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Let's end the pinching
By CHRIS TRAINOR
Saturday, March 16, 2013 8:33 PM
Are you wearing your green today?
As you probably know, today is St. Patrick's Day. Seeing as how it fell on a Sunday this year, perhaps more than a few of you celebrated the holiday Saturday night. If so, by all means enjoy your extra dose of Advil this morning.
My family has Irish roots, and I've always embraced that.
I find Ireland - aka "The Emerald Isle" - fascinating and am looking forward to visiting there one day. Like any good Irish boy, I enjoy potatoes (though I prefer mine fried and salted). Conan O'Brien has long been my favorite late night comedian. I often lose my temper and engage in fistfights with staff writer Matt Bruce. (He always wins.)
However, despite my Irish proclivities, I've never been very fond of St. Patrick's Day.
For one, all those shamrocks remind me of the Boston Celtics, the sworn enemies of my beloved Los Angeles Lakers.
(By the way, what should you do if you find three Boston Celtics fans buried up to their necks in cement? Get more cement.)
But, the main reason I've never been a big fan of St. Patrick's Day? Pinching.
In one of the oddest traditions of any holiday, those who don't wear green on St. Patrick's Day often get pinched. It's the only day of the year in which the misdemeanor crime of simple assault is readily allowed and, in fact, encouraged.
When I was in third grade at Abbeville's Greenville Street Elementary School, I forgot to wear something green on St. Patrick's Day. Needless to say, I was pinched. Oh, how I was bombarded with pinches.
I was pinched (or as it was pronounced in Abbeville/Calhoun Falls-area lingo circa 1987, "peenched") over and over and over again. It was a harrowing, pinchtastic experience.
While I never again forgot to wear something green on St. Patrick's Day, I think The Great Pinching of March 1987 soured me on the "holiday" for life.
In fact, I wouldn't mind if we stripped it from the calendar and replaced it with a new March holiday.
I know what you're thinking. You're thinking, "Chris, Sugar Bear, what kind of new March holiday are you talking about?"
First of all, don't call me Sugar Bear. Second, if you keep reading, you'll see what kind of new March holiday I'm talking about.
THE FIRST DAY OF THE MEN'S NCAA BASKETBALL tournament should be a holiday.
And not just a Valentine's Day/St. Patrick's Day "on the calendar" kind of holiday. I'm talking about a full-blown federal holiday, with schools closed and the government shut down.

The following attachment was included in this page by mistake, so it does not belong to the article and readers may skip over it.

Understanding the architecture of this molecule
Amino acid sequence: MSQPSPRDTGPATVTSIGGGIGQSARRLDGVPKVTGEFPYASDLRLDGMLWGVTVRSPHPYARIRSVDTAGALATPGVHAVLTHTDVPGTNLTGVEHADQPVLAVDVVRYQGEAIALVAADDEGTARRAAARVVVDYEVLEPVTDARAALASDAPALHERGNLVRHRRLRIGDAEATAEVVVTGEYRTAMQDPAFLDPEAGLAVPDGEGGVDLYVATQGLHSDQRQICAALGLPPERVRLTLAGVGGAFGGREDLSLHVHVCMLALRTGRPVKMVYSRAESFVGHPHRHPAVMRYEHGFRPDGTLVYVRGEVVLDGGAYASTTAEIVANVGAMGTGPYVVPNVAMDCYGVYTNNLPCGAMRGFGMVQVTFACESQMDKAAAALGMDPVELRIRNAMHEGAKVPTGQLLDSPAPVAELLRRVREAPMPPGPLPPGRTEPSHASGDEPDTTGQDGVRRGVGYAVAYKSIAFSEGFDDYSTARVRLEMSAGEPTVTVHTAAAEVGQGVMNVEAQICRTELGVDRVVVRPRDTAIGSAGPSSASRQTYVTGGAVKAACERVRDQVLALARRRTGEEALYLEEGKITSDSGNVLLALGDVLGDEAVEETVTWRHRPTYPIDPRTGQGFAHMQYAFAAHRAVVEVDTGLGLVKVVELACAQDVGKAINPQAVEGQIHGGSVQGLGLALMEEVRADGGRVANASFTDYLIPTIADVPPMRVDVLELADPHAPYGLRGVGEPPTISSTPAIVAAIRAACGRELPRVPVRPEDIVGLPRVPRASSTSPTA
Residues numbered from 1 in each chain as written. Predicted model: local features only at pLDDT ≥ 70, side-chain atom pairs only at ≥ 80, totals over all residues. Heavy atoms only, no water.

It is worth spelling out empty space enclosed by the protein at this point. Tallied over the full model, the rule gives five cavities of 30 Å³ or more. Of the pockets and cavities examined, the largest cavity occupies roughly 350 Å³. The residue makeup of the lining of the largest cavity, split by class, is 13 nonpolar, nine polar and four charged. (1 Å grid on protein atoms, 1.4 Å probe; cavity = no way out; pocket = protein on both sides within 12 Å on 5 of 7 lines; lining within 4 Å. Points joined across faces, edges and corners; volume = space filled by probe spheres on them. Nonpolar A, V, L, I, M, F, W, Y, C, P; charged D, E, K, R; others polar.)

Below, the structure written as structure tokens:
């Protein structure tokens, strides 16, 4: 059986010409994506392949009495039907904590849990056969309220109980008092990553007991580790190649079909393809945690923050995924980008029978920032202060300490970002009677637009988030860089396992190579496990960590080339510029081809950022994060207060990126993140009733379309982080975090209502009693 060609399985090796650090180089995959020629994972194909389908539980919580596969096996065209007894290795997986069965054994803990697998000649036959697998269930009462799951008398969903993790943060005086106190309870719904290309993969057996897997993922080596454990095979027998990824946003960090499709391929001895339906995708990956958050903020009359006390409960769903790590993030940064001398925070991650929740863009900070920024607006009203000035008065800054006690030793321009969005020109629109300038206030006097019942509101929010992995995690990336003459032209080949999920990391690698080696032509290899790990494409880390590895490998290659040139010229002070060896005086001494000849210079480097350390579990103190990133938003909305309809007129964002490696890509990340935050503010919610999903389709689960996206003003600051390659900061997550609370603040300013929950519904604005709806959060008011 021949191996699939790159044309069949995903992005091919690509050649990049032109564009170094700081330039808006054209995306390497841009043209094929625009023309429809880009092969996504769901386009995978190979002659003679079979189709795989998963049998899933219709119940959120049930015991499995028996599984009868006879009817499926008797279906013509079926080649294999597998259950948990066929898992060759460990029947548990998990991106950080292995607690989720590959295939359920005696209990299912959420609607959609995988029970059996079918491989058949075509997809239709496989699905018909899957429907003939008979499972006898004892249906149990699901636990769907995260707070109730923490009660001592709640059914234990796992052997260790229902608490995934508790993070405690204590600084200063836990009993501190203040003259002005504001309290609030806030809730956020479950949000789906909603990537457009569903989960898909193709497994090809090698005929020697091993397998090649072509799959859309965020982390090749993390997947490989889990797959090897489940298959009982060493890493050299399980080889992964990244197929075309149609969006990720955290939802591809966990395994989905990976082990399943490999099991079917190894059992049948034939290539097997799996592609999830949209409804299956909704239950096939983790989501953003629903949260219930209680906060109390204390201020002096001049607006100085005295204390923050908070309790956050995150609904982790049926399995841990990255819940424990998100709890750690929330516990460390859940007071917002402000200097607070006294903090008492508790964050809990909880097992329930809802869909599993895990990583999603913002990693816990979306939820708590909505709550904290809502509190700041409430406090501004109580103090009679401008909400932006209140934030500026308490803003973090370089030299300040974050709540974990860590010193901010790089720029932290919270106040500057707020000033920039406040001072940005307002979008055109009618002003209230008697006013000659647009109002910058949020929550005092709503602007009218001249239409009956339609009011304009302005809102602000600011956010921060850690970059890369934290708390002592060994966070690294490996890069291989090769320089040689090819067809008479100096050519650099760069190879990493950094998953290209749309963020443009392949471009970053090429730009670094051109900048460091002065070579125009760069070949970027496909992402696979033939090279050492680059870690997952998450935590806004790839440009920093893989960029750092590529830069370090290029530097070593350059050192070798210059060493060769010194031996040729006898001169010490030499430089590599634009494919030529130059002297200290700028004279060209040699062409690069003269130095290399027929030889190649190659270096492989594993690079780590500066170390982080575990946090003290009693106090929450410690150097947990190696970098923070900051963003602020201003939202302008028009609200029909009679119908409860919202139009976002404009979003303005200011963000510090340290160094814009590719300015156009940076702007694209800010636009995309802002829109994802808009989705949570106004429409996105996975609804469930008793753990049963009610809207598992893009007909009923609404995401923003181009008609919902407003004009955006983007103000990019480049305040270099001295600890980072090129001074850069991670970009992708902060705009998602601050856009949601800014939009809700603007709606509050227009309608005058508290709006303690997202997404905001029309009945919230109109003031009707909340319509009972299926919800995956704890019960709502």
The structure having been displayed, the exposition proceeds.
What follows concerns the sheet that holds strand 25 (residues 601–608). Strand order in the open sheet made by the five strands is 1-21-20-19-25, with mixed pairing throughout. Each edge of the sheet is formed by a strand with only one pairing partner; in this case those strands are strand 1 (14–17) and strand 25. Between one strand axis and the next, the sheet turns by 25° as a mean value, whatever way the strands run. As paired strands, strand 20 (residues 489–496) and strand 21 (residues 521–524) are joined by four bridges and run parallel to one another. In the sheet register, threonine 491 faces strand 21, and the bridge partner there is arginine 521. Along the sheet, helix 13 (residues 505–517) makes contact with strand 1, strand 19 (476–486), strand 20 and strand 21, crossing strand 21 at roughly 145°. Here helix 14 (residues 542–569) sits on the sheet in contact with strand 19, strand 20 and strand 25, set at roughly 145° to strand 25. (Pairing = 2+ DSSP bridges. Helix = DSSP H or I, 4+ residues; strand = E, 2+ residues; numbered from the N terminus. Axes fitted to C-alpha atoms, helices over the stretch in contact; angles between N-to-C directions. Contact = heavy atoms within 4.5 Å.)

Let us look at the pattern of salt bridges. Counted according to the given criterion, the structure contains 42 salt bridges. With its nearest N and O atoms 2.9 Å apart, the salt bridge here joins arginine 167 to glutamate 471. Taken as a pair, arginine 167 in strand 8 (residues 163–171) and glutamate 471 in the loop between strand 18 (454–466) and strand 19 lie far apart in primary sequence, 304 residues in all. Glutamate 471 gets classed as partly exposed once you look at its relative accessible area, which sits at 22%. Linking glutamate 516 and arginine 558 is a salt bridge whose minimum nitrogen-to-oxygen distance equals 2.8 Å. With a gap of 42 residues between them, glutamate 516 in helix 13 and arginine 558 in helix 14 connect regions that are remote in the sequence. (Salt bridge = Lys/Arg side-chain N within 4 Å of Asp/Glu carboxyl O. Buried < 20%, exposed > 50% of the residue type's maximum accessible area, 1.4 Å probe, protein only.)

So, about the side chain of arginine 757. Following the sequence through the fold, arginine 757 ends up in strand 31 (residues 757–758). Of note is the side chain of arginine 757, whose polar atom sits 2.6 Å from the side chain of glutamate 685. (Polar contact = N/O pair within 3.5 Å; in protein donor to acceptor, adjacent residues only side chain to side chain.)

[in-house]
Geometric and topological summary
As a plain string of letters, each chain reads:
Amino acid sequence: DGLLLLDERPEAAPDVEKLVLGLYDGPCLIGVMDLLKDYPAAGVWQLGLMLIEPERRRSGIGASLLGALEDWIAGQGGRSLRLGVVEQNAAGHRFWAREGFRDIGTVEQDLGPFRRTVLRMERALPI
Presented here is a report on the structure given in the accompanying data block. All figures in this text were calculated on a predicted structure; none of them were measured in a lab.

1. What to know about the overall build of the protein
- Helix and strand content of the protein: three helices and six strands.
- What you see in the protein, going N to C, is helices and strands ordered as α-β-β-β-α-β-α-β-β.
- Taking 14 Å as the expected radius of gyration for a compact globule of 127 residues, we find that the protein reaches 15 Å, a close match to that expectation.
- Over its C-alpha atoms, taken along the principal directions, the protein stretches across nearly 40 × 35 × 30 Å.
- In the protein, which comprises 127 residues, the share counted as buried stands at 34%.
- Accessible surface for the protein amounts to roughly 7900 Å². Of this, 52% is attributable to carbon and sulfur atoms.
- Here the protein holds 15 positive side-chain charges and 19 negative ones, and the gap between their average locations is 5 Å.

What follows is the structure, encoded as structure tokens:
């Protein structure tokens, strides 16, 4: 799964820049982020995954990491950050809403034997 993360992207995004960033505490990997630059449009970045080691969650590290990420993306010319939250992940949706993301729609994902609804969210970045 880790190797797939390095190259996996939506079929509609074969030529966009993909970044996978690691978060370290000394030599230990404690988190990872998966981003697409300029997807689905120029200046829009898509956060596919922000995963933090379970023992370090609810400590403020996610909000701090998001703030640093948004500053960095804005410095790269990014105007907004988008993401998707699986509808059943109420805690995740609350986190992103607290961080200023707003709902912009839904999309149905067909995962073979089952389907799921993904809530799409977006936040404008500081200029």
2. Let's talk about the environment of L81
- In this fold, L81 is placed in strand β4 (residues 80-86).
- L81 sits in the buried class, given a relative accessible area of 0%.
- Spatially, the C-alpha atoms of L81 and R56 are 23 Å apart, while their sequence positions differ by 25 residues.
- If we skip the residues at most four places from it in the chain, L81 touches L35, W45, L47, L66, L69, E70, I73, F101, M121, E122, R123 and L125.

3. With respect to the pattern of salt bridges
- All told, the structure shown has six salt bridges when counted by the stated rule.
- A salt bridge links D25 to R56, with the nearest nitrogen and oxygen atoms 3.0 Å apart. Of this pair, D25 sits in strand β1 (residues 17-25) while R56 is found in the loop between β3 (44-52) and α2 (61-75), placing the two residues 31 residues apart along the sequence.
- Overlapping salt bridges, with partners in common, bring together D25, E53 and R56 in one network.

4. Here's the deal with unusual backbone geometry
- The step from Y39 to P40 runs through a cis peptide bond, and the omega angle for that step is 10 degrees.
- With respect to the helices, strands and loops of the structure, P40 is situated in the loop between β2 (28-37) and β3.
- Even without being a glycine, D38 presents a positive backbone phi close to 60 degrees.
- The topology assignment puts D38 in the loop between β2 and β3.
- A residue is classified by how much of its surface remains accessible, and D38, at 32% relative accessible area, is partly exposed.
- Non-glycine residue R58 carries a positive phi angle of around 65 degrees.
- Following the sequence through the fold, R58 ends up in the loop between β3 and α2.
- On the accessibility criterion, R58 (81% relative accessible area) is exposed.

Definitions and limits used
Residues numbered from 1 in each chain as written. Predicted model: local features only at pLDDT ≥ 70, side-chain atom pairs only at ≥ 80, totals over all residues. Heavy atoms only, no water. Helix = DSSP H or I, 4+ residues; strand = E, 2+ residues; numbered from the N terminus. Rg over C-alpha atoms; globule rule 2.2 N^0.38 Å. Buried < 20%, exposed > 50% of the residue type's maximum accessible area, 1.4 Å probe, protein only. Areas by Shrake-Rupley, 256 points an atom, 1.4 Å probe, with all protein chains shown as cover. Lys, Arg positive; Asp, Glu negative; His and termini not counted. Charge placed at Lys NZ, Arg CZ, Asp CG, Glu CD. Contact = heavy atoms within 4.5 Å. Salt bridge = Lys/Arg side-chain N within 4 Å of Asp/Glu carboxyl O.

No one should have to work on the first day of March Madness.
There's something undeniably great about the NCAA tournament, aka "The Big Dance," our country's annual celebration of the beautiful game of basketball.
Buzzer beaters. Slam dunks. Underdogs. Mike Krzyzewski's haircut. And, of course, brackets. Sweet, lovely brackets.
Just as St. Patrick's Day gives people an excuse to maliciously pinch each other, March Madness turns everyone into degenerate gamblers. If you follow the tournament, chances are you have filled out a bracket and entered a "pool" with your friends or with the folks at your office.
Everyone's got a bracket. Your grandma will probably fill out a bracket. Your preacher will likely be in a bracket pool. Heck, your Gamblers Anonymous sponsor will probably have a bracket.
It happens every season. People who haven't followed college basketball all year suddenly become Jimmy the Greek during March Madness. They all want to tell you about their "dark horse" team.
There's always that one guy who doesn't quite get the concept of a "dark horse." Sorry, Overly Excited Bracket Guy, but you can't list Duke or Indiana as your dark horse.
I see no reason why the first day of the Big Dance couldn't be a national holiday. We can call it Bracket Day.
In the same way turkey and dressing are associated with Thanksgiving, pizza and wings would be the official food of Bracket Day.
Even President Barack Obama, an admitted basketball junkie, fills out an NCAA bracket each year.
Shortly after taking office, Obama had the White House tennis court adapted to allow for full court basketball and has often hosted pickup games there.
The president's game on the court is a lot like his politics: He's a lefty. You've got to get aggressive with him and force him to the right every once in a while.
If any president could make Bracket Day a reality, it's Obama. He can sign one of those hasty, quasi-Constitutional executive orders, and we can all celebrate the great game.
Until then, the pinching - or "peenching" - will continue. And, yes, I'm wearing my green today, so don't even think about it.
Trainor is the senior staff writer at the Index-Journal. Contact him at 943-5650; email firstname.lastname@example.org. You can follow him on Twitter @IJCHRISTRAINOR. Views expressed in this column are those of the writer only and do not represent the newspaper's opinion.
Where do I sign in favor of this brilliant idea? I am a college basketball fan who admits to skipping school to watch first round action. And I have called in sick to work suffering from March Madness fever! Can't wait to see what the Hallmark greeting card writers come up with to celebrate this latest greatest holiday!
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3/18/2013 5:03:00 AM
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